The first thing to be said about this debate is that for all its heat, it really isn’t where the action is. The real public policy issue is that dog owners need to bag and dispose of their dog’s feces. When they don’t, people are liable to step in it, which is unpleasant. In addition, should the waste matter fall down a storm drain, it will pollute whatever body of water it ends up in, spreading bacteria, killing fish, and posing some risk to human health. That the admonition to pick up after your dog is heeded more and more is something that anyone who remembers the bad old days will readily celebrate. That Americans are now arguing about whose trash to put the crap into is a measure of how far we’ve come.

The second thing to say about this debate is that it isn’t what it appears, i.e. an argument about whether we should regard people’s trash cans as part of what my friend the late journalist Jonathan Rowe termed “the commons,” i.e., resources that are shared by the community in practice even when not as a matter of law, or as private property that must be respected in accordance with principles famously laid down by John Locke (pdf).

Why isn’t this a boxing match between Rowe and Locke? Because in most instances the trash bin unambiguously is not the property of the homeowner who fills it with household refuse. It’s the property either of the city or of a contractor hired by the city to remove trash. Garbage cans nowadays are typically provided by the city so that they can be lifted and emptied by semi-automated garbage trucks. You may put your garbage in it but you may not take it with you if you move to another city, because it isn’t yours. Call it creeping socialism if you like, but where once we all owned our own garbage cans, today we do not. It pretty much always says so in lettering somewhere prominent on the can.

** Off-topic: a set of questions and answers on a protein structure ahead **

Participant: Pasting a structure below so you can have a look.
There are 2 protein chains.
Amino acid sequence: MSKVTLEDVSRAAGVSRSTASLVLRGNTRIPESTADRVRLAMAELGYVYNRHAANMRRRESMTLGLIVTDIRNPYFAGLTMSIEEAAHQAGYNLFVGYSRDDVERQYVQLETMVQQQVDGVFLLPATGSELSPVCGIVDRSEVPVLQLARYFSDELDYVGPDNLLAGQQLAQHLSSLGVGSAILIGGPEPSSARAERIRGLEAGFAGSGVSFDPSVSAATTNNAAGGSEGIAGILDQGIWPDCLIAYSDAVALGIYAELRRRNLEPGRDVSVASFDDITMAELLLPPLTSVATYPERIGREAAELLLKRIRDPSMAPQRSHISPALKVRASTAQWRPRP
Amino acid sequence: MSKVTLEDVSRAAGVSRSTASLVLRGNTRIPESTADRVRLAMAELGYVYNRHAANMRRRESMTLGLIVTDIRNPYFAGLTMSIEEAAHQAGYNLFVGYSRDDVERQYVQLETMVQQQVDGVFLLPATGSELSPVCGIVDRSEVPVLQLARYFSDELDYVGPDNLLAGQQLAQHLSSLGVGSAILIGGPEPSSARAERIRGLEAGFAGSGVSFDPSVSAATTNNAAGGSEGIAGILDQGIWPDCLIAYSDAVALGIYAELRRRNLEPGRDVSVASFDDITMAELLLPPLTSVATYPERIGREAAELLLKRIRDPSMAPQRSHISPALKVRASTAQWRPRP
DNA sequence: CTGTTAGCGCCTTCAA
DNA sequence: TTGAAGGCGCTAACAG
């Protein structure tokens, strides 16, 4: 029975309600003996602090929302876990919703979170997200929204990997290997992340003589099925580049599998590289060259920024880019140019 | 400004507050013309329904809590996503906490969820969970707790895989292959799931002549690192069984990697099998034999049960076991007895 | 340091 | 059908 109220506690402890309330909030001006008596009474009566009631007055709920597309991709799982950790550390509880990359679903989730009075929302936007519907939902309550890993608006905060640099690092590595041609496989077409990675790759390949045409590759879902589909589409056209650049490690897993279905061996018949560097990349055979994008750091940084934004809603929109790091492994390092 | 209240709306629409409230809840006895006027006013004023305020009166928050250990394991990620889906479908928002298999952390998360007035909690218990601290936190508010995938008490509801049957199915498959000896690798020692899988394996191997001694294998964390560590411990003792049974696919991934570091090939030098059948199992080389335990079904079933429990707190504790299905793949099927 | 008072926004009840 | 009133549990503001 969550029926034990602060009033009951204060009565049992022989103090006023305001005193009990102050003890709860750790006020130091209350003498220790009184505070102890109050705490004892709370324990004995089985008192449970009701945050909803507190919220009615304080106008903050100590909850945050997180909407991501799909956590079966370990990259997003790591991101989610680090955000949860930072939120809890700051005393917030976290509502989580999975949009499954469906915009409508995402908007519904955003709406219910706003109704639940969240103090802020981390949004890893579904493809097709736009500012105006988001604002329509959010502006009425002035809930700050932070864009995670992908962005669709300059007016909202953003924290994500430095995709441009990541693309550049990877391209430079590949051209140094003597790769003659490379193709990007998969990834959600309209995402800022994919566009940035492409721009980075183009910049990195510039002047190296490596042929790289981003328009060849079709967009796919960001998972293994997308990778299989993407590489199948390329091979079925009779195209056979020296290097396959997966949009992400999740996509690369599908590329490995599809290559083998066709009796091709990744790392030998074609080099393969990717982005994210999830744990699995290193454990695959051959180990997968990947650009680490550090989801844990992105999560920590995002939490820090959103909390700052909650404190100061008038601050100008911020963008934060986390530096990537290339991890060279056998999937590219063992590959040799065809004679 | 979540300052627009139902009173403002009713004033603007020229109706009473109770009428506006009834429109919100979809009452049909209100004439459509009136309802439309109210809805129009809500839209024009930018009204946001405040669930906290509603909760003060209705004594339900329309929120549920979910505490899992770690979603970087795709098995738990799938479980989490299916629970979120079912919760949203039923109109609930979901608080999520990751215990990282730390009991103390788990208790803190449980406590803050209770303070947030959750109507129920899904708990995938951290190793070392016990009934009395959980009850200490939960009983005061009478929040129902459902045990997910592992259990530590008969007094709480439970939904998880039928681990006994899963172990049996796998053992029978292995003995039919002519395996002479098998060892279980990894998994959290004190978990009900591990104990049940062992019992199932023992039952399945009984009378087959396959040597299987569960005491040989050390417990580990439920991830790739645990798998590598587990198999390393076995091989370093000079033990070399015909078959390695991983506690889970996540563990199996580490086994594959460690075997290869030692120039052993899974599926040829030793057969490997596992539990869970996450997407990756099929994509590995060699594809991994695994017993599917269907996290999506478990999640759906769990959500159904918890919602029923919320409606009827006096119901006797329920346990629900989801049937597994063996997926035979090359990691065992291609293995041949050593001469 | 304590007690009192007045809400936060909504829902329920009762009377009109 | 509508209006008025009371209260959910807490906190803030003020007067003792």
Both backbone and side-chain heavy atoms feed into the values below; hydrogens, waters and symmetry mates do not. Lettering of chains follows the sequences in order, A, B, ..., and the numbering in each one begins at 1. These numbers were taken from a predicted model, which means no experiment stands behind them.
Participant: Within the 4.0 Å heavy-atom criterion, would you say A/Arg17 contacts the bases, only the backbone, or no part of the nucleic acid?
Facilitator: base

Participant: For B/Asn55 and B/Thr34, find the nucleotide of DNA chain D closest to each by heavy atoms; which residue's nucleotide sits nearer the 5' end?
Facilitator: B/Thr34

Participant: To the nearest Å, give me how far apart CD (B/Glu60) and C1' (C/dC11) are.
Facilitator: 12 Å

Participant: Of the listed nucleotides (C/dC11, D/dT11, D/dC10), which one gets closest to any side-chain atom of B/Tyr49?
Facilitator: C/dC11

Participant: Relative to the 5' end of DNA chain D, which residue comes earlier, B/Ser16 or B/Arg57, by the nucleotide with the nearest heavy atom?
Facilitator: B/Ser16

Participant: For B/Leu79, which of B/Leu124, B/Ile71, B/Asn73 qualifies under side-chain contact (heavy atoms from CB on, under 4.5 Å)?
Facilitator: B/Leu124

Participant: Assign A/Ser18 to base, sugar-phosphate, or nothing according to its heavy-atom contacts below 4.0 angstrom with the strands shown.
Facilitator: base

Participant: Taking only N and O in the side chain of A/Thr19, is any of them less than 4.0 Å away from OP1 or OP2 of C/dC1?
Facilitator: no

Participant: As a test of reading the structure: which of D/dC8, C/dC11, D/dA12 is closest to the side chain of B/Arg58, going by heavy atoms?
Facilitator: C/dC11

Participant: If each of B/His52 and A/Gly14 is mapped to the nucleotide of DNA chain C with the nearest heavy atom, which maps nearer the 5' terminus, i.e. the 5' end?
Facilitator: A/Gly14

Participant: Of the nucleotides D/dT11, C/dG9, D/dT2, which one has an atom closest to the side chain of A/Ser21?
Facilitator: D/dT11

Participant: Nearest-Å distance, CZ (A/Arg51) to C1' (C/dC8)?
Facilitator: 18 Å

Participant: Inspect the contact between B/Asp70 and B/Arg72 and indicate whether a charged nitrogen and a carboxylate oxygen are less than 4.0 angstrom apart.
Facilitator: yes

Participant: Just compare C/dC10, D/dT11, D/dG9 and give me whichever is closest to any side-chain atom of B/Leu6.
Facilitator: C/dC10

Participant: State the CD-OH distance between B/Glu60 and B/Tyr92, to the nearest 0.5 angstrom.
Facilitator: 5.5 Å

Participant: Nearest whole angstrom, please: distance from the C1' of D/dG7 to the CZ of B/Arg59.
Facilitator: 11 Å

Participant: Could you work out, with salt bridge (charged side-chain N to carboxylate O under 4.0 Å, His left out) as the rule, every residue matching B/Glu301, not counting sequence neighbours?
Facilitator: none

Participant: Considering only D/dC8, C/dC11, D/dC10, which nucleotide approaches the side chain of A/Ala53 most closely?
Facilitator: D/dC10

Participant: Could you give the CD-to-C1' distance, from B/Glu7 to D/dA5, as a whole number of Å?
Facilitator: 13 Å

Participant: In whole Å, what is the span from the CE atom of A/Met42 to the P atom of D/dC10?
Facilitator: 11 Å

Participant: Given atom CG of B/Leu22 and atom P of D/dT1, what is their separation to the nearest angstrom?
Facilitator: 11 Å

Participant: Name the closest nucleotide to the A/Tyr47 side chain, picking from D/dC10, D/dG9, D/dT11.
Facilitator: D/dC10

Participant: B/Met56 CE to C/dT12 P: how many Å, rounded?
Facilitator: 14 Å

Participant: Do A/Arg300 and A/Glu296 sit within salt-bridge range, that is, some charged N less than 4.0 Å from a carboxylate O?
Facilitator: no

That doesn’t give a dog owner the right to trudge across his neighbor’s lawn to toss bagged dog feces into a city-marked trash bin. That’s trespassing. But if the trash bin is parked at the curb, or on a public alley—which is where dog-walkers typically encounter them—then there’s no moral or legal difference between tossing the turd there or tossing it into a municipal waste can cemented to the sidewalk. I decline even to recognize that this violates etiquette.

That’s not to say the trash bin’s conservator has no rights at all. If he really hates seeing his neighbors toss bagged dog leavings into his can he can petition the local government to ban it. There are jurisdictions that, for whatever reason, forbid dropping bagged dog waste into someone else’s trash bin without their permission. Hoboken, N.J., is one; Seattle, Wash., may be another, though opinions differ on how to read the relevant statutory language. An obstacle to achieving such bans, I would guess, is that the sort of people likeliest to want them are least likely to concede that this matter should be decided by any lawmaking or regulating body. They’d rather fume about the violation of their private property rights, like an angry senior citizen telling the government to keep its hands off “my” Medicare. It makes about as little sense.

Timothy Noah

Follow Timothy on Twitter @TimothyNoah1. Timothy Noah is a contributing editor of the Washington Monthly. He is the author of The Great Divergence: America's Growing Inequality Crisis and What We Can Do About It.